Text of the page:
We are going to start using Git (not using it yet), and I want to define the workflow.

We have 4 teams at 4 different global locations, developing together the same product. Each team owns a part of the product's code, but sometimes they also have to make changes in the code owned by other teams.

Is there a recommendation for a Git workflow for such an environment?

I have already seen this article, but the approach here is "we create additional branches as seldom as possible", and I believe more in "branch for each user story" approach.

Also, this article presents a nice approach.

I had in mind having a master branch, a permanent branch per each team periodically merging to master, and a per-user-story branches merging to the teams' branches. Does it make sense, or it wouldn't work?

  • 2
    We use this branching model, but I think if you read "feature branch" as "story branch", it jives really well with your second article.
    – sczizzo
    Commented Dec 25, 2011 at 16:44
  • 2
    I'm sure 10 people could respond back to this with 10 different responses. Here is what works for me: We have one master repo hosted on github which denotes the 'current' release. Older releases are branched (though tagging works too). Team members are encouraged to create branches for tasks they are working on. When complete, they make a pull request to master (or where ever it needs to merge to) and then someone else reviews the pull request and is reponible to merge it into master. They are also responsible for clearing out the branch once it has been merged.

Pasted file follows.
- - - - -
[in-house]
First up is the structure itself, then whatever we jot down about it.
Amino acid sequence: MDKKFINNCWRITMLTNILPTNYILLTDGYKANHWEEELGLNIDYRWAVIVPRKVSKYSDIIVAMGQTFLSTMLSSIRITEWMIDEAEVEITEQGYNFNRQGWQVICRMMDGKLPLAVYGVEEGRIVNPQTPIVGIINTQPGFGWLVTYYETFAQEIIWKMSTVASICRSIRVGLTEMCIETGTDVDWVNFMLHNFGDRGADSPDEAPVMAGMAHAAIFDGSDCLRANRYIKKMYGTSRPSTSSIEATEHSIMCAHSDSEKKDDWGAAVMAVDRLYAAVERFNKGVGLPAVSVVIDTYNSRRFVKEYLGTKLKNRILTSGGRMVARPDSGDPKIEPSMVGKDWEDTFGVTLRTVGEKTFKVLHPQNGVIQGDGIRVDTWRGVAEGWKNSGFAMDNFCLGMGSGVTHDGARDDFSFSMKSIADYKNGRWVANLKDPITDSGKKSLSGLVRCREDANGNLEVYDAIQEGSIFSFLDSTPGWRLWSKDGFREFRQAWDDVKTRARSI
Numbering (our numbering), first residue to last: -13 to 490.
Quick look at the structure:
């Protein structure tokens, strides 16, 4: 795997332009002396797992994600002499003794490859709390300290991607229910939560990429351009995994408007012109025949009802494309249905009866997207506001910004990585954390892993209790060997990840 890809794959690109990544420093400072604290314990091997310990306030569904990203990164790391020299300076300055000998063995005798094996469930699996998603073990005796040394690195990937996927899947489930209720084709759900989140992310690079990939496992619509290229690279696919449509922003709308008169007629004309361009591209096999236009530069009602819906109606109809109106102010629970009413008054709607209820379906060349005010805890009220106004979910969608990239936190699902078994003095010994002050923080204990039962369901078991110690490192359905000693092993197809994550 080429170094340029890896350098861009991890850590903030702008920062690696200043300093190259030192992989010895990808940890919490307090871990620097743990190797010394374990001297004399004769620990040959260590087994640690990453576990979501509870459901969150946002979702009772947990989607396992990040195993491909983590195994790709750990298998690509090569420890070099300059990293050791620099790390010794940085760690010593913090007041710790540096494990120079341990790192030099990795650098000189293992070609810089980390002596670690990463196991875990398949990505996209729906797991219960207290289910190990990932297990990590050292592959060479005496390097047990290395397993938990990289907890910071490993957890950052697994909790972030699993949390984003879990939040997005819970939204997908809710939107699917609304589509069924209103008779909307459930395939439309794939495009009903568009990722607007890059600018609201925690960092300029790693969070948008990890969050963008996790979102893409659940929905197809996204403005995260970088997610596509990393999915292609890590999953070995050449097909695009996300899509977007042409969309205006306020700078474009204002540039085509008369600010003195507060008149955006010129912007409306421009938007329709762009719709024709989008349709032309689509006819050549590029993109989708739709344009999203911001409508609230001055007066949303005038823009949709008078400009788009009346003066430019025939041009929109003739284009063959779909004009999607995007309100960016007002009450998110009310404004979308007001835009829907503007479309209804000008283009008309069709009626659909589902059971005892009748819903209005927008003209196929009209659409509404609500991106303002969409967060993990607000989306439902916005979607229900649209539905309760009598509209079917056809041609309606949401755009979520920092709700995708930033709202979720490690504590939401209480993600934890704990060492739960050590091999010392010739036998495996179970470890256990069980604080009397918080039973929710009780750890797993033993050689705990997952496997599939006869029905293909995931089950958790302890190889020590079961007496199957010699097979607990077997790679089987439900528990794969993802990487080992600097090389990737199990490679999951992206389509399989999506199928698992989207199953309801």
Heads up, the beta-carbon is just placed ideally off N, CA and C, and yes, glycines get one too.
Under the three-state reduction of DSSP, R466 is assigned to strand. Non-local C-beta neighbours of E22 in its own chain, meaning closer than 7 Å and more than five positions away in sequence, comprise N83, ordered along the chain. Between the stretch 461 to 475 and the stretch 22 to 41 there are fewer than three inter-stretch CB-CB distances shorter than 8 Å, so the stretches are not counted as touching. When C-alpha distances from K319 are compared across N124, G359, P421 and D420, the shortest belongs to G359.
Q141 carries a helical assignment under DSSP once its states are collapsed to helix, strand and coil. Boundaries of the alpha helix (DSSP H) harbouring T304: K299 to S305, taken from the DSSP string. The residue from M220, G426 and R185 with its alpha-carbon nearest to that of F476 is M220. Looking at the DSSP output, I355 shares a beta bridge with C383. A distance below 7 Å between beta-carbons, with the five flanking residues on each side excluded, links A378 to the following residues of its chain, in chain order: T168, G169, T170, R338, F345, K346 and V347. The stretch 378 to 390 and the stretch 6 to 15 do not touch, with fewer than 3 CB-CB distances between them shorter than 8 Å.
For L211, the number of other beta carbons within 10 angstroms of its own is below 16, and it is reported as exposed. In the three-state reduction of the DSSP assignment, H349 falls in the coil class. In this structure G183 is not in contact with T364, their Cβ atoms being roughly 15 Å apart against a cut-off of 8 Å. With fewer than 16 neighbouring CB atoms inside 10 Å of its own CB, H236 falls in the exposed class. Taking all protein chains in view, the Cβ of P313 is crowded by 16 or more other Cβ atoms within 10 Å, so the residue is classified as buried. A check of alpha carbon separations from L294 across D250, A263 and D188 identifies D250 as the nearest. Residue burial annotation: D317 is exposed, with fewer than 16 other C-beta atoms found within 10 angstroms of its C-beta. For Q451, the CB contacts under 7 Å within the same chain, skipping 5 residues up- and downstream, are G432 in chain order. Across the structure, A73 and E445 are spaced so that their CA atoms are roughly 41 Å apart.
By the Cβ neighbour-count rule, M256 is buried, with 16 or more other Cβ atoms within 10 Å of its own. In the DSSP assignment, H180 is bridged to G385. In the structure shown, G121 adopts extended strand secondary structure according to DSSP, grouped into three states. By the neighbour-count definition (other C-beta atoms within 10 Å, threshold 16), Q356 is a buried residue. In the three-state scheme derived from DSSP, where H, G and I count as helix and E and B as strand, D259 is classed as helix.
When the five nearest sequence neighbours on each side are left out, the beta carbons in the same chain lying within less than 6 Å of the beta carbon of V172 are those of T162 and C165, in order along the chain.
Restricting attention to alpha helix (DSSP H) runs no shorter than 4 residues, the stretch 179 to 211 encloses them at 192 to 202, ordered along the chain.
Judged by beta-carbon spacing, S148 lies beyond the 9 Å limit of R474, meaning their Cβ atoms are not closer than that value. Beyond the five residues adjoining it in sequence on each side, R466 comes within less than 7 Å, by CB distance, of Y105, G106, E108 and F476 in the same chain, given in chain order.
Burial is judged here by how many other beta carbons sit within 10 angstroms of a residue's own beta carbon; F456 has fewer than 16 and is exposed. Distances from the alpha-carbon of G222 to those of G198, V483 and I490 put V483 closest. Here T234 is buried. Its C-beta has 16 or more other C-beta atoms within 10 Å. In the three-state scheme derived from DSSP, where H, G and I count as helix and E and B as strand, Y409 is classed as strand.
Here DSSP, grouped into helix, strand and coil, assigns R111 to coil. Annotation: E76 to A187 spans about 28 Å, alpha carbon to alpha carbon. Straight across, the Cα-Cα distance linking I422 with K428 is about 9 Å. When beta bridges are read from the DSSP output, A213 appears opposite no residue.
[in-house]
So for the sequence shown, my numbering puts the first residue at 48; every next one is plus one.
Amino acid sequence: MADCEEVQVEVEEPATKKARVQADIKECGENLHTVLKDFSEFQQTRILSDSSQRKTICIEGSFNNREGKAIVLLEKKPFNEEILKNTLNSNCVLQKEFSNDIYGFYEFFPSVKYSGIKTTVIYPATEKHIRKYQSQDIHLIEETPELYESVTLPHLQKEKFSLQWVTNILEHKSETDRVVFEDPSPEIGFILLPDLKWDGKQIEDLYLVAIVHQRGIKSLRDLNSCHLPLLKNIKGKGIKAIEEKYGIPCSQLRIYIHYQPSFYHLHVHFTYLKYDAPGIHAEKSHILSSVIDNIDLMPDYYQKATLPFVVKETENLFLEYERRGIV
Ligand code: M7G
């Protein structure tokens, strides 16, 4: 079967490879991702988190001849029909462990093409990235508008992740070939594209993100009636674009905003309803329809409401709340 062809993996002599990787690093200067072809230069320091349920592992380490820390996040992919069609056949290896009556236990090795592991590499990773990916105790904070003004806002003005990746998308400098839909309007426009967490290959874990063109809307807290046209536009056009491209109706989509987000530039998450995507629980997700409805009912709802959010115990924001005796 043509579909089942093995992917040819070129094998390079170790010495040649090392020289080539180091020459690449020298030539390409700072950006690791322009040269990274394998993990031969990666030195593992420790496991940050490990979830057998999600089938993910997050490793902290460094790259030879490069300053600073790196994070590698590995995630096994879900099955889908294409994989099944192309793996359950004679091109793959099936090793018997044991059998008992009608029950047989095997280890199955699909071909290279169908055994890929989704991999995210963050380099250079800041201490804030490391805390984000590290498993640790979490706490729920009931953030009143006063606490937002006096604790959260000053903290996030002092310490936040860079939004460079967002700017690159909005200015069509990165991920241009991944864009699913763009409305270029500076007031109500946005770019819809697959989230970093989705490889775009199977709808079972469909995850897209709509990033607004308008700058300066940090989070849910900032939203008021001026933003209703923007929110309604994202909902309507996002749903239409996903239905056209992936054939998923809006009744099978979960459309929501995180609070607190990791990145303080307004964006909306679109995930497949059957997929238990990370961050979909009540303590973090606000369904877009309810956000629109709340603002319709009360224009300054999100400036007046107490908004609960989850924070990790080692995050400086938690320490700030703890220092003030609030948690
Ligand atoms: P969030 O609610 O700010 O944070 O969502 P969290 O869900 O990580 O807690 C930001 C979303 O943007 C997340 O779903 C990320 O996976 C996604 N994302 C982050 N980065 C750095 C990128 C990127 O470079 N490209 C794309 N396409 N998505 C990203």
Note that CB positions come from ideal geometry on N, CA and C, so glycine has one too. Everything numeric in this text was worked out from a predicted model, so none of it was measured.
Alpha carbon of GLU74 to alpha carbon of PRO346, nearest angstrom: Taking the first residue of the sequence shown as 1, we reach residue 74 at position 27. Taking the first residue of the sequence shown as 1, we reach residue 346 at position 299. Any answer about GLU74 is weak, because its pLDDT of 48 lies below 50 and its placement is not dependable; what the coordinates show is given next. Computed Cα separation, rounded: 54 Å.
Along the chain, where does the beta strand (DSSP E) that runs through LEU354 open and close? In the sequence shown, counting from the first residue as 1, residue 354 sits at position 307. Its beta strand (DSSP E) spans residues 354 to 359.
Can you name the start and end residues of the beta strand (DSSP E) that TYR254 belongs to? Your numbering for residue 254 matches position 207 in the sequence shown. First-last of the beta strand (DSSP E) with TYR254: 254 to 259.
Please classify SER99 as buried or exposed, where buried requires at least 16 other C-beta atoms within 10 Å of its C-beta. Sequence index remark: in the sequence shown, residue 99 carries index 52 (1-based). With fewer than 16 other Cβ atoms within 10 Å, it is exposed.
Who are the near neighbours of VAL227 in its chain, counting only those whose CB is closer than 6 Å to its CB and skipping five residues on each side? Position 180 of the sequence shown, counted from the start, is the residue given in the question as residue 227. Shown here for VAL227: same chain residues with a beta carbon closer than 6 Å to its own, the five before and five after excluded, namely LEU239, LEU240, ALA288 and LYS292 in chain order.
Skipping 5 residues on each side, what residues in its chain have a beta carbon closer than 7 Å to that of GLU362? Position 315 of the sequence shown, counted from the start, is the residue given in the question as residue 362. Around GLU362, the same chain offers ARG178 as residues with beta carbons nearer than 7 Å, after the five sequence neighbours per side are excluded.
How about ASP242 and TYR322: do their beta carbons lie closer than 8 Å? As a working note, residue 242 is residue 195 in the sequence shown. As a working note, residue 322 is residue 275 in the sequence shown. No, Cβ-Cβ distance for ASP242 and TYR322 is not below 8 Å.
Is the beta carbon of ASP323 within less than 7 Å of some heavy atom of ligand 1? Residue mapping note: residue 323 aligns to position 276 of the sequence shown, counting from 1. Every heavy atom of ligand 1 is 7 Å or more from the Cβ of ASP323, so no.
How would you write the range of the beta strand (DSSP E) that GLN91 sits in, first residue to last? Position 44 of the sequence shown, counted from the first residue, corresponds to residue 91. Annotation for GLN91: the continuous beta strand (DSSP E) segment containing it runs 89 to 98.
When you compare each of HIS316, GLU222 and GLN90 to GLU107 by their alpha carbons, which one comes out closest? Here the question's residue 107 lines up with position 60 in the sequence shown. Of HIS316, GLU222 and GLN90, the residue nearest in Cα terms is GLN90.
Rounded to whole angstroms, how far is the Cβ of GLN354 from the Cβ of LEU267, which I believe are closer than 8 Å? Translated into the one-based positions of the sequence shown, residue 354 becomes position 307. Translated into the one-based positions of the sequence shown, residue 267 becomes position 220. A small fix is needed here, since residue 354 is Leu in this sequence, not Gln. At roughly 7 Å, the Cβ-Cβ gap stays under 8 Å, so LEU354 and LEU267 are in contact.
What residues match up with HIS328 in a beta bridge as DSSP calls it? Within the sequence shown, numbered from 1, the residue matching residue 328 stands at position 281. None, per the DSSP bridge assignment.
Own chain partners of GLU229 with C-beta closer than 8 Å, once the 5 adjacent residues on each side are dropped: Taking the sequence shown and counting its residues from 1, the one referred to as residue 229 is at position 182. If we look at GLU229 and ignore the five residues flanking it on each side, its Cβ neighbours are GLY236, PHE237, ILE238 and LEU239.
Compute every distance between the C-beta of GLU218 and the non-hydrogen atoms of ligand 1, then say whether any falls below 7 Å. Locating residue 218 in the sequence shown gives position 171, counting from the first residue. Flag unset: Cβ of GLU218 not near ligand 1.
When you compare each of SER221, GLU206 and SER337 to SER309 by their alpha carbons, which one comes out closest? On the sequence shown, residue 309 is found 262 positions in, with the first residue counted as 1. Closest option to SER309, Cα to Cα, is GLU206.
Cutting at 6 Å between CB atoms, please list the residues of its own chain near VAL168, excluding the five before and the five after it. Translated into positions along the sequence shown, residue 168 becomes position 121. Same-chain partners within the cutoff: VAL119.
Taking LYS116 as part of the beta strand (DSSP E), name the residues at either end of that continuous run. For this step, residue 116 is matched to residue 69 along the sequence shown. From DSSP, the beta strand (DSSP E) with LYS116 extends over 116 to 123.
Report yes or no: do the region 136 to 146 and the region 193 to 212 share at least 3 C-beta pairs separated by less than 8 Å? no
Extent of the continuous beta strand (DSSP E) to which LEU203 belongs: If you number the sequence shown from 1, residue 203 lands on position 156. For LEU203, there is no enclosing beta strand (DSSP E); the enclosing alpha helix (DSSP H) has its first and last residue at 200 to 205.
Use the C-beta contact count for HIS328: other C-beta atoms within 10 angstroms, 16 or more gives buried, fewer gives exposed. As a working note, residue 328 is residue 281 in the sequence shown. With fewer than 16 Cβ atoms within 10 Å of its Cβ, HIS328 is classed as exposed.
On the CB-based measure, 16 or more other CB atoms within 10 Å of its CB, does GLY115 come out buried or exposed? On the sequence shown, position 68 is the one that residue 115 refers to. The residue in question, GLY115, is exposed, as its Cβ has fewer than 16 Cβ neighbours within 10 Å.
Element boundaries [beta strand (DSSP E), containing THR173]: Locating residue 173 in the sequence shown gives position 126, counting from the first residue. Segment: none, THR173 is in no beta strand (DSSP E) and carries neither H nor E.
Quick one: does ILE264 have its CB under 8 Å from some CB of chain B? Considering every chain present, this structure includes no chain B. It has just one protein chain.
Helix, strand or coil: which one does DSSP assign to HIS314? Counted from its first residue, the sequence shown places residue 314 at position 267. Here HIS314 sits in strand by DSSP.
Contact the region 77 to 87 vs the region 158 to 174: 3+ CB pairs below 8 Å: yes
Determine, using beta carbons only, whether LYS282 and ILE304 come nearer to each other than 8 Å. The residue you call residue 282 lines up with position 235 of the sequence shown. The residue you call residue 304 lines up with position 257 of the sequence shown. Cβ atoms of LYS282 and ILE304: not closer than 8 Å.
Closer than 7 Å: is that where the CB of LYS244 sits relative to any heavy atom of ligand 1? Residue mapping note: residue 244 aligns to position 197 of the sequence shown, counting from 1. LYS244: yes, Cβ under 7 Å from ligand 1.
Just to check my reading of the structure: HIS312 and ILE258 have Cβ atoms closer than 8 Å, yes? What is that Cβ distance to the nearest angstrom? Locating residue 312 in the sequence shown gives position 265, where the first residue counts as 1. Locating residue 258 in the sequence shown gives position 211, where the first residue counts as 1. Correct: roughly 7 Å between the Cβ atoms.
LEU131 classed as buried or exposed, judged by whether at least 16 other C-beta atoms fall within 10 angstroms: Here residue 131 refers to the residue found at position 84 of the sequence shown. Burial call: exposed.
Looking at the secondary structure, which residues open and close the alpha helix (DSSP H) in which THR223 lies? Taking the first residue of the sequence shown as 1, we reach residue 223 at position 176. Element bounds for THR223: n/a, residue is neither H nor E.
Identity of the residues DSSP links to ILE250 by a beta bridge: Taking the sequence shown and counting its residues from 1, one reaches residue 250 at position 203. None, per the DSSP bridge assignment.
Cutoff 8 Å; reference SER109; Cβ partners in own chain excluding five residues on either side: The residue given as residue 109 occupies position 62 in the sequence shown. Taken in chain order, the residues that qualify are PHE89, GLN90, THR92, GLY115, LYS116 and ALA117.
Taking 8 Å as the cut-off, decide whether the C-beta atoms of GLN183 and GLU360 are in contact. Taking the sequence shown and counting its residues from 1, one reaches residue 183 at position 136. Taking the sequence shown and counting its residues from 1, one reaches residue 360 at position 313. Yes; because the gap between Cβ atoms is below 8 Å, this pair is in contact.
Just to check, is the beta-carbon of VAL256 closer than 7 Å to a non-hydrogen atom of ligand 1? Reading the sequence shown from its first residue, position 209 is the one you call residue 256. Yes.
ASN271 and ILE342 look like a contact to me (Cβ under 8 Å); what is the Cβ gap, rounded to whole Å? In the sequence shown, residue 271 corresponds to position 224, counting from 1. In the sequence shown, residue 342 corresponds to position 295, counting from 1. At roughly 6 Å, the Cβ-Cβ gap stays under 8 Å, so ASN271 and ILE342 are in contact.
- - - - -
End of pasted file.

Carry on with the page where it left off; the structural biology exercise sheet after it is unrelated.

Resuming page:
– carbonbasednerd
    Commented Dec 25, 2011 at 16:50
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    You might be interested in submodules to keep the different teams' codebases apart. They can then fork each others' codebases and send patches around when editing each others' parts of the code.
    – Fred Foo
    Commented Dec 25, 2011 at 16:57
  • @larsmans & carbonbasednerd - Your comments should have been answers, they would have got up-votes from me. *8')
    – Mark Booth
    Commented Jan 4, 2012 at 17:48

2 Answers 2


Take a look at Successful Git Branching Model, which has a nice branching strategy for feature development across releases.

A Successful git branching model

You could implement something similar with one extra level for team branches between the 'develop' branch and the 'feature branches'. Having team branches would also allow two teams to collaborate more effectively by merge between their team branches.


I would say that each team has its own version of the repository, with one global repository where everyone commits to (like in Linux kernel, where the Linus repository IS the kernel and central repository).

Then for maintaining the product code, you could use submodules like @larsmans said, then each team can only work mainly on the part that is most important to them and if they need to work with other part, they can do it to, but they will have to remember to update the submodule, and this is where the problem lies (since it is very easy to get things wrong when using git, thankfully it is also easy to get away from them).

But since your teams are used to this, and are aware that they are changing other team code, it is easier for them to remember to do the submodule update, before changing a foreign module.

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